Apps and AI are Businesses’ Little Helpers in a Digital Age

February 19, 2021

Oracle Singapore Managing Director Horng Shya Chua says many lessons have been learnt from one single global event; from leveraging AI and machine learning to the adoption of cloud-based collaboration tools, digital acceleration has established a new status quo in a new normal.

By Horng Shya Chua

COVID-19 has shown that business stability is an illusion. Change is constant so organisations need the leadership and an infrastructure that can adapt, scale, analyse and respond in real-time. Forecasting has become more difficult and less reliable as models race to catch-up.

In the place of old tools, business leaders need to embrace the dashboard as well as new technologies that give them an in-the-moment understanding of their enterprise.

The disruption of COVID-19 has speeded the adoption of digital technologies by a matter of years. As customers moved decisively online, many organisations have gone over the technology tipping point. They’ve leveraged AI and ML to respond to disruption, and digital collaboration tools to ensure staff can remain productive from anywhere. Indeed, remote working and collaboration has accelerated by a factor of 43 .

These changes won’t be temporary. Discovering that their employees could be equally productive at home, and that operations became more efficient on digital channels, many will question the need to return to business as was usual. Instead, they’ll double down and speed up the pace of change. Yet speed can be dangerous without a foundation that can support change.

The adoption of new technologies won’t benefit an organisation unless they are felt everywhere. In large or complex organisations, digitisation can happen piecemeal – department by department. This creates islands of excellence in an unchanging sea. Processes can become fragmented, especially the customer experience which, more than ever, depends on joined-up operations.

Enhancing decision making in operations and the supply chain

Avoiding a two-speed organisation depends on how the business processes and utilises data. Indeed, as commerce and operations have gone digital organisations have never had more data to exploit. This ultimately means more opportunity for business leaders who learn to capitalise on data and more challenges for those who don’t. At the same time, extracting real business value from all this information can be extremely difficult though as data is often trapped in silos or outdated.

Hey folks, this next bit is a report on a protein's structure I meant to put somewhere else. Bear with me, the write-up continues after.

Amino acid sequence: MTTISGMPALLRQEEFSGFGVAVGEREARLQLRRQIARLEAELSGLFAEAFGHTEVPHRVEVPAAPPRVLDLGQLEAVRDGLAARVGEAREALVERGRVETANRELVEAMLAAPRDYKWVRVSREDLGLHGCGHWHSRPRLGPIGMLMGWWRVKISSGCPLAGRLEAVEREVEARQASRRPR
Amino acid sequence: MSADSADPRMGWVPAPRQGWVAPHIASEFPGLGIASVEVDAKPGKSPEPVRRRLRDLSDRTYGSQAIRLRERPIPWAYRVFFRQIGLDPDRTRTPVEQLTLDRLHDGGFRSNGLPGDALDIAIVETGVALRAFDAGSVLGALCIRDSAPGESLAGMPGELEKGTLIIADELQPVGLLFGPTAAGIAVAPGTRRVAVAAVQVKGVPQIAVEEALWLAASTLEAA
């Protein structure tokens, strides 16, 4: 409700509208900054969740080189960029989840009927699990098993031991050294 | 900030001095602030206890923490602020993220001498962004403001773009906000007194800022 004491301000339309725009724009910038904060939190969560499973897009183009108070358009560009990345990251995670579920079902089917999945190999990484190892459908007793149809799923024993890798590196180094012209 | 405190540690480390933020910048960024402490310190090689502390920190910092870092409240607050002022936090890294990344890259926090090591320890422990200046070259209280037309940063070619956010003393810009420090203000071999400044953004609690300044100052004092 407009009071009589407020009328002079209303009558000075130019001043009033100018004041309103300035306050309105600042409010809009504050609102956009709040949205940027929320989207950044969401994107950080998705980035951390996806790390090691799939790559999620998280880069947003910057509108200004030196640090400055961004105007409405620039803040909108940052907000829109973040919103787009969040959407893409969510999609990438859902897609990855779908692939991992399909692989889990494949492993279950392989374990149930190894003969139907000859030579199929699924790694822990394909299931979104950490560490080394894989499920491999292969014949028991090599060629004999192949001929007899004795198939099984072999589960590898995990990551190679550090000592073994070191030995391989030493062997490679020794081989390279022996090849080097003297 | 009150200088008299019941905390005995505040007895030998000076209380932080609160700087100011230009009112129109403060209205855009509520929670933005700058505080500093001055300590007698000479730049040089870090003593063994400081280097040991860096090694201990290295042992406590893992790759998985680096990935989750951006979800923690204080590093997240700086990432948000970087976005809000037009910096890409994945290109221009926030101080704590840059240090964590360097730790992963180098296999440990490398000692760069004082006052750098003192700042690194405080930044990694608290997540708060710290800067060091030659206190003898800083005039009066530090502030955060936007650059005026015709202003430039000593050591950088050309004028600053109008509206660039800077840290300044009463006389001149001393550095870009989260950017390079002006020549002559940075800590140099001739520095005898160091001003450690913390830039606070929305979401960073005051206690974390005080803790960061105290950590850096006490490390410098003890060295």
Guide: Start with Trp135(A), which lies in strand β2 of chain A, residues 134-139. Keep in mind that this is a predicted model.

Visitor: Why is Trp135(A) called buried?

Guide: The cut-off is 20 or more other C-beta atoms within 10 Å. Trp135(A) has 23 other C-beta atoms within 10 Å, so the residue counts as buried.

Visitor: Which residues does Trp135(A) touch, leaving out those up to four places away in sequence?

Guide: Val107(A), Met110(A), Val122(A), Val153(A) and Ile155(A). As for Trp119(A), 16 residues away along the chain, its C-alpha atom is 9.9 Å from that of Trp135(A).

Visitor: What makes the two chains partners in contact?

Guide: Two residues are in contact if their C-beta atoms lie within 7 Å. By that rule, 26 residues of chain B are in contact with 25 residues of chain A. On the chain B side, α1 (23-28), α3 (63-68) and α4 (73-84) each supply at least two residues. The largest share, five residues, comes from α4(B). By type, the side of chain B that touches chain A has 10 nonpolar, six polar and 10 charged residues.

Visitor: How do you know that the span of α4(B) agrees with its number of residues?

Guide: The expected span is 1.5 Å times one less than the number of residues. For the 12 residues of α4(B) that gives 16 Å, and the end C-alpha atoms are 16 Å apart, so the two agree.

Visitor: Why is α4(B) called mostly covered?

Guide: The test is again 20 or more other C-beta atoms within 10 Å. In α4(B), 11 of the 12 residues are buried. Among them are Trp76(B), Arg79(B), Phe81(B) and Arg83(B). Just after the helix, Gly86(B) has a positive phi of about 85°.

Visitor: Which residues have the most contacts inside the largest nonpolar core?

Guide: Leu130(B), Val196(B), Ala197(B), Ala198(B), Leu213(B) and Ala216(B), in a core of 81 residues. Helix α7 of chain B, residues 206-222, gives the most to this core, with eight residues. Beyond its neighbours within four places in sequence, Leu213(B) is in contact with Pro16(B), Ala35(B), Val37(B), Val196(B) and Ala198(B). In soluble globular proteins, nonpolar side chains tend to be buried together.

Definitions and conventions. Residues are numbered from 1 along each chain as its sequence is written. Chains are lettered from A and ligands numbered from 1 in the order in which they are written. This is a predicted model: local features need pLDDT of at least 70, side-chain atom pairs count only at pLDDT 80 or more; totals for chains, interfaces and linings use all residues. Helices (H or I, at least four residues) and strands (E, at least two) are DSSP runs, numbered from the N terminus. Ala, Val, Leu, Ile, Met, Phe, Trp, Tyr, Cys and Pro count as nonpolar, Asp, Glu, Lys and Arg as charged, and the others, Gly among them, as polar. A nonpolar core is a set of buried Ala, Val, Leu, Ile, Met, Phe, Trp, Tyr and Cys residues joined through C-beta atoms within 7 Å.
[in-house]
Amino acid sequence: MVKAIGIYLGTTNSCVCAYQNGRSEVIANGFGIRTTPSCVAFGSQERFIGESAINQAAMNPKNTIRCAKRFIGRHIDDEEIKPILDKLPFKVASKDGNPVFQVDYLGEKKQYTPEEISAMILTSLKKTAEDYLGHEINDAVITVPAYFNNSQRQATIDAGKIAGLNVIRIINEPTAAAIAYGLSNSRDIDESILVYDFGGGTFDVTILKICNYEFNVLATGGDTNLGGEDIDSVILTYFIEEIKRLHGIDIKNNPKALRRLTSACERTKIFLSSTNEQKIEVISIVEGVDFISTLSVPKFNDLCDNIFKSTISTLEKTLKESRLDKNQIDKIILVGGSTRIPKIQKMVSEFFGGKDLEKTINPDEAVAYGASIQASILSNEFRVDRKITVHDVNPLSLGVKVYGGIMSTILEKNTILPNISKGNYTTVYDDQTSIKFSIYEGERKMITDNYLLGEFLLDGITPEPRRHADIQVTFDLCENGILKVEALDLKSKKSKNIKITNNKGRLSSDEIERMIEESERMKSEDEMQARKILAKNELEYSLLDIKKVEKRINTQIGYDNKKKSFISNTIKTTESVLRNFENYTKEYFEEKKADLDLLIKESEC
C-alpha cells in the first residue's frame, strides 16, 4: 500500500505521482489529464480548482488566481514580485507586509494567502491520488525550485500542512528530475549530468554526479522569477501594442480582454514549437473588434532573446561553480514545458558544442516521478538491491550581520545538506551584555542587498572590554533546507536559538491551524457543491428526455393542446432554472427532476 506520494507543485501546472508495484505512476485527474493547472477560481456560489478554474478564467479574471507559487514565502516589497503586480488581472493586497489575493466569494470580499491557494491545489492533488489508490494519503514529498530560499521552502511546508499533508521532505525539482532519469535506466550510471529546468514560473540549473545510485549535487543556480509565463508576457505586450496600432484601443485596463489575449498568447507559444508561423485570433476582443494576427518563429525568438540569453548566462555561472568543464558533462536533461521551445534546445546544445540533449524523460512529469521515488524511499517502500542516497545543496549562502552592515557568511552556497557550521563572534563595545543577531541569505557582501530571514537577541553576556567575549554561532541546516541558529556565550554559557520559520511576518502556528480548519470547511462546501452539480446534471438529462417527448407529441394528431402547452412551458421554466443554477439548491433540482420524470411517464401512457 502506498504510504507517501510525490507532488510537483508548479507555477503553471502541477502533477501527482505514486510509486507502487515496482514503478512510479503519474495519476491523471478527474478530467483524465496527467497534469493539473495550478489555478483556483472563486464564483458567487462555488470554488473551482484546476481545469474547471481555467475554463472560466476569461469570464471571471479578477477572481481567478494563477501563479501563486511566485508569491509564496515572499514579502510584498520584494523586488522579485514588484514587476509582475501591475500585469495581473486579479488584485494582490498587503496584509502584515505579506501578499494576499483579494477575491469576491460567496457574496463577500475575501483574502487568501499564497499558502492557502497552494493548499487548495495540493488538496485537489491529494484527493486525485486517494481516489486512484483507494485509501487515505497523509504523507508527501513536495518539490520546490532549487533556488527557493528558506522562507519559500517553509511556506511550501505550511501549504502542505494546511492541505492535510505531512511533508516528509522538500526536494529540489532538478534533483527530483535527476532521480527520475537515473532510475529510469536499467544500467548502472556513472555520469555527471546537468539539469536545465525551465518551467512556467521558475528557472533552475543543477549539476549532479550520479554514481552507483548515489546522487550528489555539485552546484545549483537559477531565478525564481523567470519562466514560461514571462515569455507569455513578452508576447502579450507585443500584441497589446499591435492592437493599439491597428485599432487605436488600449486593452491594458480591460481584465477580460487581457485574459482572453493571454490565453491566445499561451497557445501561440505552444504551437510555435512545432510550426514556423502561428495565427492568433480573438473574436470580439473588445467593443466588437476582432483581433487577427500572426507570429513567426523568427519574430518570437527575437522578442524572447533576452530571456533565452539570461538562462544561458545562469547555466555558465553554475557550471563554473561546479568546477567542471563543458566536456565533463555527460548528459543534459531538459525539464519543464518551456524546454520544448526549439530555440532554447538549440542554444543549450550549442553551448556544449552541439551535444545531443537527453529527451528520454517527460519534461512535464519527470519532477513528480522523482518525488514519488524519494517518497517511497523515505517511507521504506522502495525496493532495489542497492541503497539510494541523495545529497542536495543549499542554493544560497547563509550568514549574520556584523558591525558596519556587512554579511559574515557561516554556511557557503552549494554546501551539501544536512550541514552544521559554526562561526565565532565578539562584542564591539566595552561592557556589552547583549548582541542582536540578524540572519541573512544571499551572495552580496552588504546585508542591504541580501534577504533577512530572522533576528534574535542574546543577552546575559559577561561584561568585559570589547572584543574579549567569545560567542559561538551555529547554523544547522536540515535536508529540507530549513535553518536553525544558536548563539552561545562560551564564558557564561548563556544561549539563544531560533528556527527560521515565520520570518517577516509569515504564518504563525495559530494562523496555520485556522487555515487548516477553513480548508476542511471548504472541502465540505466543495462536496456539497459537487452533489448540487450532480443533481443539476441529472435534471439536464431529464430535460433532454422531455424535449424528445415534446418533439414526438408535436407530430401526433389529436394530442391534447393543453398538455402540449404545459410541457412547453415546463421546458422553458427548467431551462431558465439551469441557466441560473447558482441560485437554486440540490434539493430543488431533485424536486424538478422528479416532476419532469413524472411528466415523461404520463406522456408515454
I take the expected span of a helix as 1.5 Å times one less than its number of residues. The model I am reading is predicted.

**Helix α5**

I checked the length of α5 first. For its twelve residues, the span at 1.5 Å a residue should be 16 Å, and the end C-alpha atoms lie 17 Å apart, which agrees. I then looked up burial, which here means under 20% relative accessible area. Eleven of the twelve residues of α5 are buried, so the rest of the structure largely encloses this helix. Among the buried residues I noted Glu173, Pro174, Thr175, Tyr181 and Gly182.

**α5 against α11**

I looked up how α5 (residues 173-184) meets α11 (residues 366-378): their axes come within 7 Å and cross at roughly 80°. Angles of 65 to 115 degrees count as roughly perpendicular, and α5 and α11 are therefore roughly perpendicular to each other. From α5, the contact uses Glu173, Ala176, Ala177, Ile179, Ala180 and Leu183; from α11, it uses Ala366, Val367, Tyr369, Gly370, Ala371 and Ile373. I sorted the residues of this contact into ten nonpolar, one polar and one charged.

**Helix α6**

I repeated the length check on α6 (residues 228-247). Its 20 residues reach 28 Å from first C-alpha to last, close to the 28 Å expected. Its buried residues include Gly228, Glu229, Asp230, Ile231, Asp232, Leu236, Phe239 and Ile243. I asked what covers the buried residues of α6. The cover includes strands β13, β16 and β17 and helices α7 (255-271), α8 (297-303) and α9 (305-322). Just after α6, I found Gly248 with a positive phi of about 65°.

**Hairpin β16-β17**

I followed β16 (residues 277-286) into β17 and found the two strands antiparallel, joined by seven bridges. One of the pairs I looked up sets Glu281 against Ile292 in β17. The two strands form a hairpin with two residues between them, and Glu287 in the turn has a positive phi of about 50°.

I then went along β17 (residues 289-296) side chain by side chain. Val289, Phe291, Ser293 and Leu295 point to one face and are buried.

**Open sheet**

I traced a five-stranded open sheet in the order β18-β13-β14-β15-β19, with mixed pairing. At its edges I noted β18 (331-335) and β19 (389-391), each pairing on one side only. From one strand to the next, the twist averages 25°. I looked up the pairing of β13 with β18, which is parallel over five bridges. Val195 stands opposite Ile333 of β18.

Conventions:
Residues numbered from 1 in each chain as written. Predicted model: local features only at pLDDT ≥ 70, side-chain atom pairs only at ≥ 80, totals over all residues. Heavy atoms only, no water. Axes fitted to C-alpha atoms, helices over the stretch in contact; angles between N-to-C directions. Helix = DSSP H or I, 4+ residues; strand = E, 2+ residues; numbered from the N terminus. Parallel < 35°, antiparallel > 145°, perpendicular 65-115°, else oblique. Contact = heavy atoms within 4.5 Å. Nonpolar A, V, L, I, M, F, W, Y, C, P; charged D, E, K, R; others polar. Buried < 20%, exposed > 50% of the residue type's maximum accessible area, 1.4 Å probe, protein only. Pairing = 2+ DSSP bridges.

Incomplete and stale data can create a major obstacle for data-driven innovations, such as AI and ML, which are only as good as the data they rely on. To innovate, create new experiences, enhance decision making, differentiate products and services, and gain the insights required to remain competitive, organisations need to empower business users. This has to happen across departments, using connected, dynamic, and contextual data.

Delivering this demands the right tools. It’s important that all employees have access to the same pool of high-quality data – a single source of truth – from which to draw accurate insights. When this data is properly managed and centralised, employees can make more impactful and better decisions, but it also accelerates the adoption of new technologies like AI and advanced analytics.

A central data platform eases the AI training process, meaning new tools and technologies can get online and start generating value faster.

For example, FedEx employees have benefitted from a central cloud Enterprise Resource Planning platform deployed across more than 25 countries. The platform is used for data-driven decision making, while integrated supply chain management tools offer greater visibility into the company’s complex global logistics. The presence of the platform has enabled FedEx to roll out 25 digital assistants to create touchless handoffs across a host of repetitive processes, allowing staff to focus on value creation instead.

Giving the right tools to employees is not all. It’s also about how to digitally integrate all these tools. The curated experience includes how the team works together to achieve objectives.

By igniting the use of connected multidisciplinary teams to define and resolve business challenges, organisations will find themselves being able to better improve employee productivity and communicate in ways that enhance the employee experience and satisfaction. Such technology also improves companies’ ability to recruit, train, and retain front-line workers, roles that have significant turnover rates.

There are now platforms that can source, screen, hire, and onboard employees with greater efficiency. By shortening training sessions and distributing them via mobile platforms, workers can learn on the job in smaller chunks while not disrupting their workflow.

Last year, many companies were forced to embrace digital transformation faster than originally planned. Never has leadership been more important, and at all levels, than during the pandemic. Yet, to sustain operations, maintain employee morale and reassure customers for the future, leadership has to be guided by good data and insight.

Novel technologies like AI also lend a helping hand, streamlining processes and helping organisations evolve at speed. Yet businesses first need the capabilities to support constant transformation. An interconnected data platform, and the tools to help employees process data at scale, are key to building a business that’s ready for anything.

Ed. Featured image by Photographer Magda Ehlers.


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